18 Common Interview Types and How to Ace Each One
By Indeed Editorial Team
Updated October 24, 2022
Published June 21, 2021
The Indeed Editorial Team comprises a diverse and talented team of writers, researchers and subject matter experts equipped with Indeed's data and insights to deliver useful tips to help guide your career journey.
Employers use interviews to learn more about candidates and choose the best people to join their organizations. During an interview, you'll need to answer a series of questions to prove your competency and tell the interviewer more about your experiences related to the role. In this article, we explore 18 common interview types and discuss what you can expect in these environments to prepare you for any situation.
18 common types of interviews
There are several types of interview environments, and you need to know what to expect to succeed. This list prepares you for any type of interview and will give you the confidence to impress your potential employers:
1. Traditional interview
In a traditional interview, you meet with another person to discuss your credentials. This person is usually a manager, a supervisor, or the owner of the business. People typically hold traditional interviews in an office at the company. This interview style is formal, and the interviewer will ask questions about your education, experience, and skills.
Along with persuading the interviewer that you're a good fit for the position, you can show your enthusiasm for the role by asking some intelligent questions. Before your interview, research the company and prepare a couple of questions that show your knowledge of the industry and the organization.
2. Panel interview
In a panel interview, more than one person interviews you. This style is typical for positions that involve working as part of a team. In this case, your potential supervisor or team leader will be a part of the panel. Employers often want to involve their upper management in the hiring process to allow them to express their opinions and choose the right candidate.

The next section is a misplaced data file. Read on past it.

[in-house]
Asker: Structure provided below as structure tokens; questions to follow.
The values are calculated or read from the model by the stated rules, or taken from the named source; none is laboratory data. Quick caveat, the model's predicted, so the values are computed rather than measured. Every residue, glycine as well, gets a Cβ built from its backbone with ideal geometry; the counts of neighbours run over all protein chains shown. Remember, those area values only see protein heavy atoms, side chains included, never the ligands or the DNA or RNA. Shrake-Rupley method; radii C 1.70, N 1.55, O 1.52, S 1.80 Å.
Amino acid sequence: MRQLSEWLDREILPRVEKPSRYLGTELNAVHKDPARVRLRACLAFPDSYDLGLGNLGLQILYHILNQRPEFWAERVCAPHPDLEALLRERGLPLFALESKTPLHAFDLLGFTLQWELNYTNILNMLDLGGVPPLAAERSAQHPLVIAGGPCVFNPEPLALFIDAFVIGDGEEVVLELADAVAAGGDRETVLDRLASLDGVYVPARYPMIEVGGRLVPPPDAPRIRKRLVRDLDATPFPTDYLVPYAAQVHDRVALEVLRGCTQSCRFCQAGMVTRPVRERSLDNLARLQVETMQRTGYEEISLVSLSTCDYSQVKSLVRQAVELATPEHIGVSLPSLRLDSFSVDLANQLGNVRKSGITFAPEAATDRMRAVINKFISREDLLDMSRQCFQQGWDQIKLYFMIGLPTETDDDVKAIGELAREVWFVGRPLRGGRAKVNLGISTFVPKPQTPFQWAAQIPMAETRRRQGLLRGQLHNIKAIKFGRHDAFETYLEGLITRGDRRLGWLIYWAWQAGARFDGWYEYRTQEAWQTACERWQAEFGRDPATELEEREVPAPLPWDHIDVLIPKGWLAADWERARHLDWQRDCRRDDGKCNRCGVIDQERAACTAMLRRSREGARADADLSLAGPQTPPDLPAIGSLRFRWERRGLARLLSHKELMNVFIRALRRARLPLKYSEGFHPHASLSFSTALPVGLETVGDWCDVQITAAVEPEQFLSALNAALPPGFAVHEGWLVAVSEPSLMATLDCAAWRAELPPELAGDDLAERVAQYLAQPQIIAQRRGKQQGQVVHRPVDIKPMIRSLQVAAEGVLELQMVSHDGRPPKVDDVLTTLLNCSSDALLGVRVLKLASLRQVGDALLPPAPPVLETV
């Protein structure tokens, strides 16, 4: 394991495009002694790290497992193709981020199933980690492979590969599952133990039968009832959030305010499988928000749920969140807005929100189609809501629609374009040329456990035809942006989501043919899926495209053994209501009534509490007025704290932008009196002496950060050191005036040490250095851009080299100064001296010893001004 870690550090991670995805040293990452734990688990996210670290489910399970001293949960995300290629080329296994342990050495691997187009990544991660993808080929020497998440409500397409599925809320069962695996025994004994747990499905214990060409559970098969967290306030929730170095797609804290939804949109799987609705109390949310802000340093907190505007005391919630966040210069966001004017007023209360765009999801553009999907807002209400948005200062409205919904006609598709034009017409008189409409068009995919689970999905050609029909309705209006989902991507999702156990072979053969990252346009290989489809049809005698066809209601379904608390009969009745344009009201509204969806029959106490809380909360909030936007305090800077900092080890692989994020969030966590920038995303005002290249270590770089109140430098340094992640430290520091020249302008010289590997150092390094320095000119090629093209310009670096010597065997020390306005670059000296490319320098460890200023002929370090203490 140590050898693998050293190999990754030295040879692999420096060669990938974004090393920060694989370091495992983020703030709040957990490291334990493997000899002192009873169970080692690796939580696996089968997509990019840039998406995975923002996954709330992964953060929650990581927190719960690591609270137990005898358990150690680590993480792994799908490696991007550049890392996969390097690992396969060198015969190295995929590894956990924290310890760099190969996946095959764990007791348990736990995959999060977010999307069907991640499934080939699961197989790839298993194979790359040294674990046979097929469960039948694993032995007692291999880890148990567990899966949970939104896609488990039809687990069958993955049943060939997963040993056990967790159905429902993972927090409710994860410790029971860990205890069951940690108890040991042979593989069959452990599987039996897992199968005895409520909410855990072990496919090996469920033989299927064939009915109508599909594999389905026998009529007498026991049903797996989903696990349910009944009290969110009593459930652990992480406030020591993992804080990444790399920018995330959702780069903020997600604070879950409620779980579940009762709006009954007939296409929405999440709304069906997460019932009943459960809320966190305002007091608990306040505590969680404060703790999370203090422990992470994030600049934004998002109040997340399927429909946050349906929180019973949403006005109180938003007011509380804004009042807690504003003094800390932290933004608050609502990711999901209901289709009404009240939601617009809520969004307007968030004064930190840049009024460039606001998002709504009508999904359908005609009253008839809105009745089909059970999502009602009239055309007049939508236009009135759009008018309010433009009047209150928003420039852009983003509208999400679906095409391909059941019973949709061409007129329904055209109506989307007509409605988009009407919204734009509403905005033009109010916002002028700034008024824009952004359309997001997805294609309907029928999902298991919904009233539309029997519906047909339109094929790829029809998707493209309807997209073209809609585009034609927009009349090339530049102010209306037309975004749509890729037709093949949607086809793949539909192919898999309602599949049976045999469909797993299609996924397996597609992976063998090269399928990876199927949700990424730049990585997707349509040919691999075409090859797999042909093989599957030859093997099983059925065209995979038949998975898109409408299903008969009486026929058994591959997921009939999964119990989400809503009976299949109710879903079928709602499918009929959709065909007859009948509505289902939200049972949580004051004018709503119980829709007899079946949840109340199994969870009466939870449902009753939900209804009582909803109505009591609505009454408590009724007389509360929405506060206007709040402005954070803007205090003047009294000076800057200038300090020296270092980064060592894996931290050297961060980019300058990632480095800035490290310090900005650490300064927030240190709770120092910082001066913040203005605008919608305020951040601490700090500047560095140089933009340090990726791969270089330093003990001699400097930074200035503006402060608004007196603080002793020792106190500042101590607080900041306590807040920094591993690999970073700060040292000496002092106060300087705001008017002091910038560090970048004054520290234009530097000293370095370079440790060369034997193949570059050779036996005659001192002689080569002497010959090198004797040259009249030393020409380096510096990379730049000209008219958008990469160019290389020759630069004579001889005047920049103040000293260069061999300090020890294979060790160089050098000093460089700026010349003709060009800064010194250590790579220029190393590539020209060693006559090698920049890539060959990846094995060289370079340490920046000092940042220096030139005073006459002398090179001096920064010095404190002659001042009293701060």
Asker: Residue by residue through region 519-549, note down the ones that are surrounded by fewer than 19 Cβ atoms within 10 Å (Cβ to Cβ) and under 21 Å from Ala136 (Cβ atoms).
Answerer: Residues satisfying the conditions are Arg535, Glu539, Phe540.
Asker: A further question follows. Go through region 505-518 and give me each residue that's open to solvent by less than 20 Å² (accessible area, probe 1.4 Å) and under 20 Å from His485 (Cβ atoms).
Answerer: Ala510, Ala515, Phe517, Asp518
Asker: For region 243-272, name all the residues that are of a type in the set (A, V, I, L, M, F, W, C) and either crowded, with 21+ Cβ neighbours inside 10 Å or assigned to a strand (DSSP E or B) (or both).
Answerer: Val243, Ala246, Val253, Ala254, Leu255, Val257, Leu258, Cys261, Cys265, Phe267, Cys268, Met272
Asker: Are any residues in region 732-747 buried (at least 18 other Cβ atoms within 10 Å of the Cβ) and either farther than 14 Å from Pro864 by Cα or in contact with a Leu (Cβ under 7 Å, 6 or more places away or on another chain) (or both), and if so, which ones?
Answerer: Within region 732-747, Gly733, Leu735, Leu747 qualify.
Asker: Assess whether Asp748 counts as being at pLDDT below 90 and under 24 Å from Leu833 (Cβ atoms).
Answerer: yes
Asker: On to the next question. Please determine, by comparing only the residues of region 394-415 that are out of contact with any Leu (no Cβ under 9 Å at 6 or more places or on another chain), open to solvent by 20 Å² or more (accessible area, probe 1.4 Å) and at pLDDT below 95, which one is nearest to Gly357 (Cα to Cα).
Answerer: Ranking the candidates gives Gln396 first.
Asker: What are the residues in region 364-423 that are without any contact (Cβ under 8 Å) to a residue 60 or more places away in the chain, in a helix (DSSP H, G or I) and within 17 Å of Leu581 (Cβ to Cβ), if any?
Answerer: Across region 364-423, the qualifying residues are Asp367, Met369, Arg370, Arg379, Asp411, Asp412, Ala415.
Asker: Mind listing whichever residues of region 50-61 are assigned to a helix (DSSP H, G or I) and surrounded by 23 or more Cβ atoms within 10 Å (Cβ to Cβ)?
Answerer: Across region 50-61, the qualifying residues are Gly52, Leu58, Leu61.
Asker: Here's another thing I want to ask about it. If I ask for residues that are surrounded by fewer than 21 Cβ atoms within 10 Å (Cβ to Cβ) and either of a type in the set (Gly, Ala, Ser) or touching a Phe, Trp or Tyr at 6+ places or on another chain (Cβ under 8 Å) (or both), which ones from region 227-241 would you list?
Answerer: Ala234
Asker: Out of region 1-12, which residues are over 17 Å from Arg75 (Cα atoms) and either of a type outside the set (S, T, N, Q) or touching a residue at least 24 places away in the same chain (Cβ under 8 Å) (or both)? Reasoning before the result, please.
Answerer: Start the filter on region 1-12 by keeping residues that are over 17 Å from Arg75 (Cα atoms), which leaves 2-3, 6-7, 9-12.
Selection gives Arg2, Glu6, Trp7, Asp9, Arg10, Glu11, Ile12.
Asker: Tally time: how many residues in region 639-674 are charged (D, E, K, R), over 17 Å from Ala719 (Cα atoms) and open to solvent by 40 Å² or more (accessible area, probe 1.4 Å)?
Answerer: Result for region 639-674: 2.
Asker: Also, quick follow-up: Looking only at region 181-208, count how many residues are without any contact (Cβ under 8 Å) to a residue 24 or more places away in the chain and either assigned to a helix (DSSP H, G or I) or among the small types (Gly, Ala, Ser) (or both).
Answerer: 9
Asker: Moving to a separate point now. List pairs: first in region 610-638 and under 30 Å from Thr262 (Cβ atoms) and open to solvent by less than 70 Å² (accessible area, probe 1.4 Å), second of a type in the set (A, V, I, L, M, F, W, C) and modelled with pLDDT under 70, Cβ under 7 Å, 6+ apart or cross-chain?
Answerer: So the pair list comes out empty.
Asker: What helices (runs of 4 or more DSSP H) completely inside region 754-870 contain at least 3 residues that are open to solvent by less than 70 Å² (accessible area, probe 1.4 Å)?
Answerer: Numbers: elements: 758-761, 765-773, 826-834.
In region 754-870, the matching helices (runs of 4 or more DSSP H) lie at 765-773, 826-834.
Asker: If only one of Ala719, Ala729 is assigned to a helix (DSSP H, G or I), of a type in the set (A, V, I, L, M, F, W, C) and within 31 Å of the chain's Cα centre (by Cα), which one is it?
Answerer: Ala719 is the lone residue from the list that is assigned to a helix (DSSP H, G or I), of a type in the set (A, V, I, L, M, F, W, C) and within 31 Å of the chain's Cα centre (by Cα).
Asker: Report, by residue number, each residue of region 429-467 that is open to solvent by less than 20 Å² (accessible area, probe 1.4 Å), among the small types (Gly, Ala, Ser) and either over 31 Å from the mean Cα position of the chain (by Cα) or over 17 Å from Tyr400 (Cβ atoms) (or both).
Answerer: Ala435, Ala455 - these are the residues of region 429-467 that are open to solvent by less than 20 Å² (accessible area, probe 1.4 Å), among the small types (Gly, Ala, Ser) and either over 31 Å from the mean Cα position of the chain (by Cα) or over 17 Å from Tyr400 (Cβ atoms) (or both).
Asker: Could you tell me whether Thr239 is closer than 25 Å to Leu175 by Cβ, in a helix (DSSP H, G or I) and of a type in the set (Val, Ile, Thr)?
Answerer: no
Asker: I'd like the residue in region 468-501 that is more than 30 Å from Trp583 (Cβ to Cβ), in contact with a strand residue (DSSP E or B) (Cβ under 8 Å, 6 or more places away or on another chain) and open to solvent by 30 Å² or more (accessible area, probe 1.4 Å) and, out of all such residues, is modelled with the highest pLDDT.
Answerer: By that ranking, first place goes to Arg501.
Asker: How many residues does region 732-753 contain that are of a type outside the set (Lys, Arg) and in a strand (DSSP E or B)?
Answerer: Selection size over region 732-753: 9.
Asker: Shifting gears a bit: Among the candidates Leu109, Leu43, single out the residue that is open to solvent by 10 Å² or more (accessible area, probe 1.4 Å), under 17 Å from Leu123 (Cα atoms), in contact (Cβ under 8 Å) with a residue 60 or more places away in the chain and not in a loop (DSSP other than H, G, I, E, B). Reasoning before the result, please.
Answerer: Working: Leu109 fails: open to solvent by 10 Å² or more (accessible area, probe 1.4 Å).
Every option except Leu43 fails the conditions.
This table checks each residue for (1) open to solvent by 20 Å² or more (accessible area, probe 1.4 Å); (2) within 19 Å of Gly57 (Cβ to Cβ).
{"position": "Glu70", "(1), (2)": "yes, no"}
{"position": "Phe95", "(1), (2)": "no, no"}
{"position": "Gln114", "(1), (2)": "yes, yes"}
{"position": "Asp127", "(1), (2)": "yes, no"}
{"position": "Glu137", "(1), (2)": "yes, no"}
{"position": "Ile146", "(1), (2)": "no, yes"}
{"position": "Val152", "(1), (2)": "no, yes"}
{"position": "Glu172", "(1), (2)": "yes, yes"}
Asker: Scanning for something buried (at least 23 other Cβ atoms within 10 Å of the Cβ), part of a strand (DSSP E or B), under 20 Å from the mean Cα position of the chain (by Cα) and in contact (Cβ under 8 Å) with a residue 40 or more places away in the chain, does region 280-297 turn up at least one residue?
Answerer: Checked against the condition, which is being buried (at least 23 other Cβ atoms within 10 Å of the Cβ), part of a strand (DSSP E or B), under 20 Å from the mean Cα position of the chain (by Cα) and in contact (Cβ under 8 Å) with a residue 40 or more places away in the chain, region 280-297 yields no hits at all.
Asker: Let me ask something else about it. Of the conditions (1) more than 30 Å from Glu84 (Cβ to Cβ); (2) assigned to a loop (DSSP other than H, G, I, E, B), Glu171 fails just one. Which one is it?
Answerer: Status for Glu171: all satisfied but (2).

When you answer questions in this interview environment, direct your statements to the panel member who asked. However, occasionally making eye contact with the other interviewers throughout your response is polite. Try to learn about each interviewer and their positions before the interview starts, and bring enough business cards and paper copies of your resume for every panel member.
3. Group interview
In this type of interview, the company invites several people to one interview and speaks to every candidate at once. Always be polite and professional when speaking to the other candidates. To stand out among your competition, listen carefully to their responses so you can think of a unique answer when it's your turn.
4. Phone interview
Hiring managers and recruiters often use phone interviews to screen a pool of candidates. During this interview, they may ask you to tell them a little about yourself and why you applied for the job. If they feel that you're a good fit, they'll invite you to come to the business for a traditional interview. However, if you're applying to a remote position, a phone interview could be your only interview before they decide.
During your phone interview, find a quiet place free of distractions so you can focus on giving excellent answers.
5. Video interview
Online interviews using video calls are now easier to take part in than ever before, and many remote employers use them to get a better impression of candidates than they could with just a phone call. You should sit in front of a tidy, neutral backdrop to encourage the interviewer to focus on you and not your home's decor. Dress professionally, the same way you would for an in-person interview. Make sure that the lighting is flattering and that you've chosen a good camera angle.
If possible, take part in a video call with a friend to test the software and equipment you need. That way, you can avoid technical difficulties while speaking to your interviewer.
Read More: How to Succeed in a Virtual Interview
6. Restaurant or off-site interview
An employer could invite you to talk over a meal or coffee at a nearby restaurant. Other managers or colleagues sometimes attend this style of an interview as well. Even though the atmosphere at a restaurant or coffee shop is more casual than in an office, treat the interview professionally. When you order food, choose something easy to eat while having a conversation. It's a good idea to order something similar to what the interviewer orders.
7. Stress interview
Employers sometimes use stress interviews to fill high-stress positions. The interviewer asks unusual questions instead of ones about your relevant background and experience. They may ask you to solve puzzles, react to hypothetical situations, or complete unusual tasks. This kind of interview gives the interviewer a better idea of how you would perform in a stressful situation. To do well in a stressful interview, stay calm and take your time when answering questions.